How to Preempt Business Threats

How to Preempt Business Threats
In the 2013 Florida legislative session as the two parties struggled to get the best leverage for their bills, a law was invoked that required all bills to be read aloud in their entirety before they were voted on. The reading of the bill would slow the process, which might keep some measures from being addressed before the end of the session. Legislative leaders, having seen the possibility of this happening, discovered a way to minimize the threat. The bills were placed into an electronic reader, named Mary, who presented the bills at faster speeds to the legislative body. A challenge was met with technology and thinking outside normal avenues.

Just as legislative leaders were prepared for a possible challenge, business people need to be aware of what might impact their companies and be prepared. Awareness gives the opportunity to plan ways to mitigate the problems and challenges that may come. Awareness gives them the opportunity to capitalize on the positive trends in their industry.

Technology is changing. Trends change. Customer expectations change. Competitors change their approach. Owners need to be aware of the shifting dynamics of their community – and the world – and how they impact their customers and businesses, and be prepared to change if needed. With better awareness of the activities influencing and impacting the market, a business can begin be more responsive to the customer and have a better possibility of keeping them.

Here are five areas businesses should be aware of and monitor on a regular basis to better know how to adapt.

  1. How are your finances?
    Are you reviewing your profit and loss reports, balance sheets, and other financial indicators on a monthly basis, at a minimum? Awareness starts with the knowledge where the company stands financially. An accurate, timely accounting of the finances of the business gives the owner the ability to be more responsive to dealing with challenges quicker.
  2. Who is the customer?
    Know who the customer is, what they are most likely to buy and why they buy it from you. Evaluate your business and look at what might cause the client to stop buying from you. Focus on ways to keep those things from happening or how to lessen their impact.
  3. Who is your competition?
    Know the competition. Analyze the strengths and weaknesses of your competitor. Focus on ways to positively promote your business over theirs.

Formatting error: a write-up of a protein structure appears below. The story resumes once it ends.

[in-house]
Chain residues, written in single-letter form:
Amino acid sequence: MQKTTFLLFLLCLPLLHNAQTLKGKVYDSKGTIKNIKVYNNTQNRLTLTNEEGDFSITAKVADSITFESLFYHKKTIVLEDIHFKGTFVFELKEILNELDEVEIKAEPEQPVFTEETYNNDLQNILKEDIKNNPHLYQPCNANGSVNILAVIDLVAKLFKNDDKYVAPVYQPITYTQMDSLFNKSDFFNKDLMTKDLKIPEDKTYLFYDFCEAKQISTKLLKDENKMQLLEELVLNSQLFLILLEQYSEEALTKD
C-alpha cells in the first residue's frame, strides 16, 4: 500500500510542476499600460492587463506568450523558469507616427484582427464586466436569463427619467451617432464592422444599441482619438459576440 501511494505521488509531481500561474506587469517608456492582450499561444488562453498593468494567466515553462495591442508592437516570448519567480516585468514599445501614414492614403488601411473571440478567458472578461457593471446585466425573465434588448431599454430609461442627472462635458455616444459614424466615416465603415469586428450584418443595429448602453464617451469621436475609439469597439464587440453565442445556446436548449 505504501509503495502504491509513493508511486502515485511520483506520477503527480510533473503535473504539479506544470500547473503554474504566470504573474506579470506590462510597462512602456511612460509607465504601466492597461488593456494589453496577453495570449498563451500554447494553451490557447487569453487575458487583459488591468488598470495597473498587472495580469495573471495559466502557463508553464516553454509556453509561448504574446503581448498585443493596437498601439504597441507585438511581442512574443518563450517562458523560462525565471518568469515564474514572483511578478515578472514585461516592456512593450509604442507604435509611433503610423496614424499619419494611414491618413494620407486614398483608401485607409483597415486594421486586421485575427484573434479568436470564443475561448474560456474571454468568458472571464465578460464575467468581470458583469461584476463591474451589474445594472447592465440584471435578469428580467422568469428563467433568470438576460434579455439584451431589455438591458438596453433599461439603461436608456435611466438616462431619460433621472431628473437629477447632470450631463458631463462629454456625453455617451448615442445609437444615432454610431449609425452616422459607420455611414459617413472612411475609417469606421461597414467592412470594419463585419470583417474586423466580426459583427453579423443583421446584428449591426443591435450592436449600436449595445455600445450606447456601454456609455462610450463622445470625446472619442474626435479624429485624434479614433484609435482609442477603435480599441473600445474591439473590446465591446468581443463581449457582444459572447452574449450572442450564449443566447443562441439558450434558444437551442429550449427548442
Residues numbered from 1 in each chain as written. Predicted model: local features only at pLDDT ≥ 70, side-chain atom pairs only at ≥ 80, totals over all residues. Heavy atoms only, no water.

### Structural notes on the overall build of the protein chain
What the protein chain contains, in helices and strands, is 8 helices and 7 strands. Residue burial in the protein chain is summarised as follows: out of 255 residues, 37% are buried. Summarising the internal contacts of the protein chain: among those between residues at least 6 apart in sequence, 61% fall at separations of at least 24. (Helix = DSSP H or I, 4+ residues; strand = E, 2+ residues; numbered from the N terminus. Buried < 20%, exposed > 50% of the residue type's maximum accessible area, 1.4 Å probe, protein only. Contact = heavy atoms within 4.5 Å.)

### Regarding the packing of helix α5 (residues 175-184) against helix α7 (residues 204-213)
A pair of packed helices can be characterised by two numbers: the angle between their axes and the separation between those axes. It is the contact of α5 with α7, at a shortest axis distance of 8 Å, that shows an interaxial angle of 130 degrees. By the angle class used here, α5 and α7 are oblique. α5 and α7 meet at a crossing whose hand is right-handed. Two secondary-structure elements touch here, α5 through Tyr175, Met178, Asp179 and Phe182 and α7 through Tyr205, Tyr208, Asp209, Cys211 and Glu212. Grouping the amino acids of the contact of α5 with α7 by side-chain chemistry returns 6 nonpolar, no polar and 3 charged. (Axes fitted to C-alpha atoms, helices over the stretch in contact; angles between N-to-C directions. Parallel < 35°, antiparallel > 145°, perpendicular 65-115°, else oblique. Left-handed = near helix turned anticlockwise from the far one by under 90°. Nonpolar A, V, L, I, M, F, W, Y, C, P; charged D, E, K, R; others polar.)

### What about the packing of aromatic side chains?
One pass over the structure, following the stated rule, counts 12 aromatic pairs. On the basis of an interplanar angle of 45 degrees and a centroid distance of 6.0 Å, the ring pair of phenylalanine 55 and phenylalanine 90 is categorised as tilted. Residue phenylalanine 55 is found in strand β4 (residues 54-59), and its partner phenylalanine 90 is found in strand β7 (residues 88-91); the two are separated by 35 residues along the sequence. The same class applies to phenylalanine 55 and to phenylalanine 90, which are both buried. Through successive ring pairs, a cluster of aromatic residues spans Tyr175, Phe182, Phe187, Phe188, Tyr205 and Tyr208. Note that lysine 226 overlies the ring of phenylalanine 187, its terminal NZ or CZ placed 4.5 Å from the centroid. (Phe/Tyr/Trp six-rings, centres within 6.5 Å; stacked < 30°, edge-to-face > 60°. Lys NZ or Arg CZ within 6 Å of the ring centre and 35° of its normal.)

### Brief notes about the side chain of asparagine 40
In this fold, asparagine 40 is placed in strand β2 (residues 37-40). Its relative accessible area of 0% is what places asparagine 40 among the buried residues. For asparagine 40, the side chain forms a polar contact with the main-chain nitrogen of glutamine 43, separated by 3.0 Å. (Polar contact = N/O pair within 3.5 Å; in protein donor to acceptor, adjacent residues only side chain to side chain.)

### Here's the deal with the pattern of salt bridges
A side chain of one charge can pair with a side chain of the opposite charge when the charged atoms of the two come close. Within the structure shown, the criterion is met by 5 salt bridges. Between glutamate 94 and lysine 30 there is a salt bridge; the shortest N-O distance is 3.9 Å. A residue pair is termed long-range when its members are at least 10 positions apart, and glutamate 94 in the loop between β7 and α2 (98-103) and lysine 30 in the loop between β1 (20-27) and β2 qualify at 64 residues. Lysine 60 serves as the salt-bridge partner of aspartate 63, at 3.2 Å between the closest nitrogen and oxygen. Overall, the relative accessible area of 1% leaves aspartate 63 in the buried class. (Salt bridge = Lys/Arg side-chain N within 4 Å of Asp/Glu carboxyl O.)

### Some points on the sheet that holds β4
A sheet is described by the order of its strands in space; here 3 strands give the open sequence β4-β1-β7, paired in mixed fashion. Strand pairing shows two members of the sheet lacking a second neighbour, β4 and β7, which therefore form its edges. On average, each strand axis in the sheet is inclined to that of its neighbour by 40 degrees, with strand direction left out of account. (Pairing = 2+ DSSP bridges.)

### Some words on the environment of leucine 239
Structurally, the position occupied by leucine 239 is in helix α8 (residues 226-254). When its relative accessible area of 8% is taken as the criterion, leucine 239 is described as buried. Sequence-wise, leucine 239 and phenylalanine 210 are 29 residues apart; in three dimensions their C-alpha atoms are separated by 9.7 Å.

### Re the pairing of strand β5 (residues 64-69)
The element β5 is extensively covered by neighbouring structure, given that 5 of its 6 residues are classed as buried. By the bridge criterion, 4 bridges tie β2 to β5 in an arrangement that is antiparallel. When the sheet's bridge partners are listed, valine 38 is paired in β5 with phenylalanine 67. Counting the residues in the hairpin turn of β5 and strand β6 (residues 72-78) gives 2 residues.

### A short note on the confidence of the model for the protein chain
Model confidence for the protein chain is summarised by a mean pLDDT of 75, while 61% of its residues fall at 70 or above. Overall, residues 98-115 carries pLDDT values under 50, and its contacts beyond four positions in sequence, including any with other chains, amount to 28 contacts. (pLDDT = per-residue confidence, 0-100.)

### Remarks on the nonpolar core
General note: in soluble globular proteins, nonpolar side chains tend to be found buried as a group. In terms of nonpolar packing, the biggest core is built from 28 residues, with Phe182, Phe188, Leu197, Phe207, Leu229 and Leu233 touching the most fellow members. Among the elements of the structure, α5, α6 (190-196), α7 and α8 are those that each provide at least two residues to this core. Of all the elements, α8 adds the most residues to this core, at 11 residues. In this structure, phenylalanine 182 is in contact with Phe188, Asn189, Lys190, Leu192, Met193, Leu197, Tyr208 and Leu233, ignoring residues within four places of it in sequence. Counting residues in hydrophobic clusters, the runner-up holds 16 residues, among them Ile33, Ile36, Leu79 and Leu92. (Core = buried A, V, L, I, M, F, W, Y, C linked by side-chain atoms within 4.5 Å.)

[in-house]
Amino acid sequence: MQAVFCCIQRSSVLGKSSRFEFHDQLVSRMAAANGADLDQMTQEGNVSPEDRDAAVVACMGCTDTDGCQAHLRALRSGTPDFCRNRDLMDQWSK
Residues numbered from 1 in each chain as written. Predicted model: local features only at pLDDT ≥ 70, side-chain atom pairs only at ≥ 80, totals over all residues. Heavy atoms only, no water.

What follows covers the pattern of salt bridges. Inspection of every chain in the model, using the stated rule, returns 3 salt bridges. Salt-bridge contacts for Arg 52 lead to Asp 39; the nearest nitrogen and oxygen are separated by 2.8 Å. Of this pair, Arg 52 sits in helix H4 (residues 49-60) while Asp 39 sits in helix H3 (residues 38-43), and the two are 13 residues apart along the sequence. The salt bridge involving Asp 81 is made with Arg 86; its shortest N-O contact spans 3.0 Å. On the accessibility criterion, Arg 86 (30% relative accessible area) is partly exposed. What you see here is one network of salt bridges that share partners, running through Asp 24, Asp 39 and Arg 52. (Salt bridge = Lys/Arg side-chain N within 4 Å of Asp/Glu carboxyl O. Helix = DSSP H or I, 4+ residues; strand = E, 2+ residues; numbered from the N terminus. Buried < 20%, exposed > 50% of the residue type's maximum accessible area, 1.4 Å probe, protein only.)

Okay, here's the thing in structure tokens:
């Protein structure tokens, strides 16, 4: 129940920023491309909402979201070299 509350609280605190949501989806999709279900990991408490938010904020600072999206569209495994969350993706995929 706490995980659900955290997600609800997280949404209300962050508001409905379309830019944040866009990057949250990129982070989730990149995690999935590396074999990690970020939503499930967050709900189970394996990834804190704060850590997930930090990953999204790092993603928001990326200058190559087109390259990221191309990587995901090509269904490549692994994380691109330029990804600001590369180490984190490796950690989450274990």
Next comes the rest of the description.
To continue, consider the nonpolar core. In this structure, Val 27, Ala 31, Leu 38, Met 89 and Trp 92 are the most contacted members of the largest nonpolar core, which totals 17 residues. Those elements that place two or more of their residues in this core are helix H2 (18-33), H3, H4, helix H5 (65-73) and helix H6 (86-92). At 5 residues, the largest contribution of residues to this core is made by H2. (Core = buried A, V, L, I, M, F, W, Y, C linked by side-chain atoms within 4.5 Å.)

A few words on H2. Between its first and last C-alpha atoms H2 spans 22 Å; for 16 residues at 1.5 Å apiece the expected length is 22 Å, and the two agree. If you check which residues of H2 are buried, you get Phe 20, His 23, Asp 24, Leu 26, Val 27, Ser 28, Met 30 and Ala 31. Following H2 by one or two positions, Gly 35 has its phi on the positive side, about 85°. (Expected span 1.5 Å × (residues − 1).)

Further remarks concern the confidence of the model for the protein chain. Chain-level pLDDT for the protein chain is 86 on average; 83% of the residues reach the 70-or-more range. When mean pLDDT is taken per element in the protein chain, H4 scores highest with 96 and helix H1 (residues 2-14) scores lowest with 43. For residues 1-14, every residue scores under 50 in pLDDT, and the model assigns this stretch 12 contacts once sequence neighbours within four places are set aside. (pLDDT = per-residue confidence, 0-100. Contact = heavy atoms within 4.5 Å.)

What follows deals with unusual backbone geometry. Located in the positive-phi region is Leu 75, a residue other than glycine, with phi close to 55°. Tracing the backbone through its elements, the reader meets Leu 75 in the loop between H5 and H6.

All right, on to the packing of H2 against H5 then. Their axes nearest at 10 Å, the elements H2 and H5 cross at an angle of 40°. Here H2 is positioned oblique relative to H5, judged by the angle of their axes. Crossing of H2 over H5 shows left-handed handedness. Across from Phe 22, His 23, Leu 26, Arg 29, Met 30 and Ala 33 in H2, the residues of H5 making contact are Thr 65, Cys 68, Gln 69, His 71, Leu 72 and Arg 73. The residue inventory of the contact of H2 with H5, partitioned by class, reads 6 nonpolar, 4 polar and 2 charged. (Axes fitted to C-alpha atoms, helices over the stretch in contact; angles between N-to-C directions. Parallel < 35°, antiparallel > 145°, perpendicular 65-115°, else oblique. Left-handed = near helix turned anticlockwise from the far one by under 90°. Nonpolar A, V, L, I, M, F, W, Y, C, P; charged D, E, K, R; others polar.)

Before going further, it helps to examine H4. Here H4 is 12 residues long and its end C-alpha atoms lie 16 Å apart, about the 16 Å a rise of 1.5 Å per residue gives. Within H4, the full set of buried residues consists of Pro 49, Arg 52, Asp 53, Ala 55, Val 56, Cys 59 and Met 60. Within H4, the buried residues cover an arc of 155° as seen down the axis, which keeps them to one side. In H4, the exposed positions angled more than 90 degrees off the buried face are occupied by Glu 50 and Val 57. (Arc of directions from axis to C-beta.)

4. Can technology help me gain an advantage?
    Be aware of new technology and equipment that can assist you in the operation of your business. Be aware of technology that attracts your customers. Does the technology give a positive return on investment (ROI) by increasing sales or reducing costs above the cost of the technology?
  5. Do pending laws and other federal, state or local governmental activities present a possible threat or opportunity to the business?
    Know legislation that is being pursued in your area. Know the legislators that represent you. Look to local chambers of commerce and economic development agencies for business related information.

Business owners who look ahead and assess the good and the bad that might confront the business have the ability to capitalize on the strengths and mitigate the harm from the threats. There may not be a need for an electronic reader named Mary, but the proactive, aware owner will try to know the threats and have an effective, planned response.

  • Michael Noel

    Michael NoelFlorida SBDC at USF, Avon Park

    Specialty: Finance, Marketing

    Michael Noel has been a one-man shop as well as on the executive management team of a bank division with more than 550 employees. He works well with diverse teams in developing financial and marketing solutions for their businesses. He has spent the bulk of his career in the financial services industry. His varied business experience includes mortgage, rental real estate and investments and insurance. He earned a bachelors degree in psychology/sociology from Wake Forest University and a masters degree in business administration from Georgia State University. He holds Profit Mastery Facilitator and TTI DISC Certified Professional Behavioral Analyst certifications. He was named Best Financial Advisor in 2011 and 2012 in the Reader’s Choice Awards, conducted by the Highlands News-Sun.

    He was also a 2014 finalist. In 2018, Michael earned a Valor Award from the Florida SBDC Network for his role in business disaster recovery efforts. Michael has served on the boards of the Greater Lake Placid Chamber of Commerce and NuHope Eldercare Services. He currently serves on the board of Samaritan’s Touch Care Center and the Investment Committee of the Associate Reformed Presbyterian Church.

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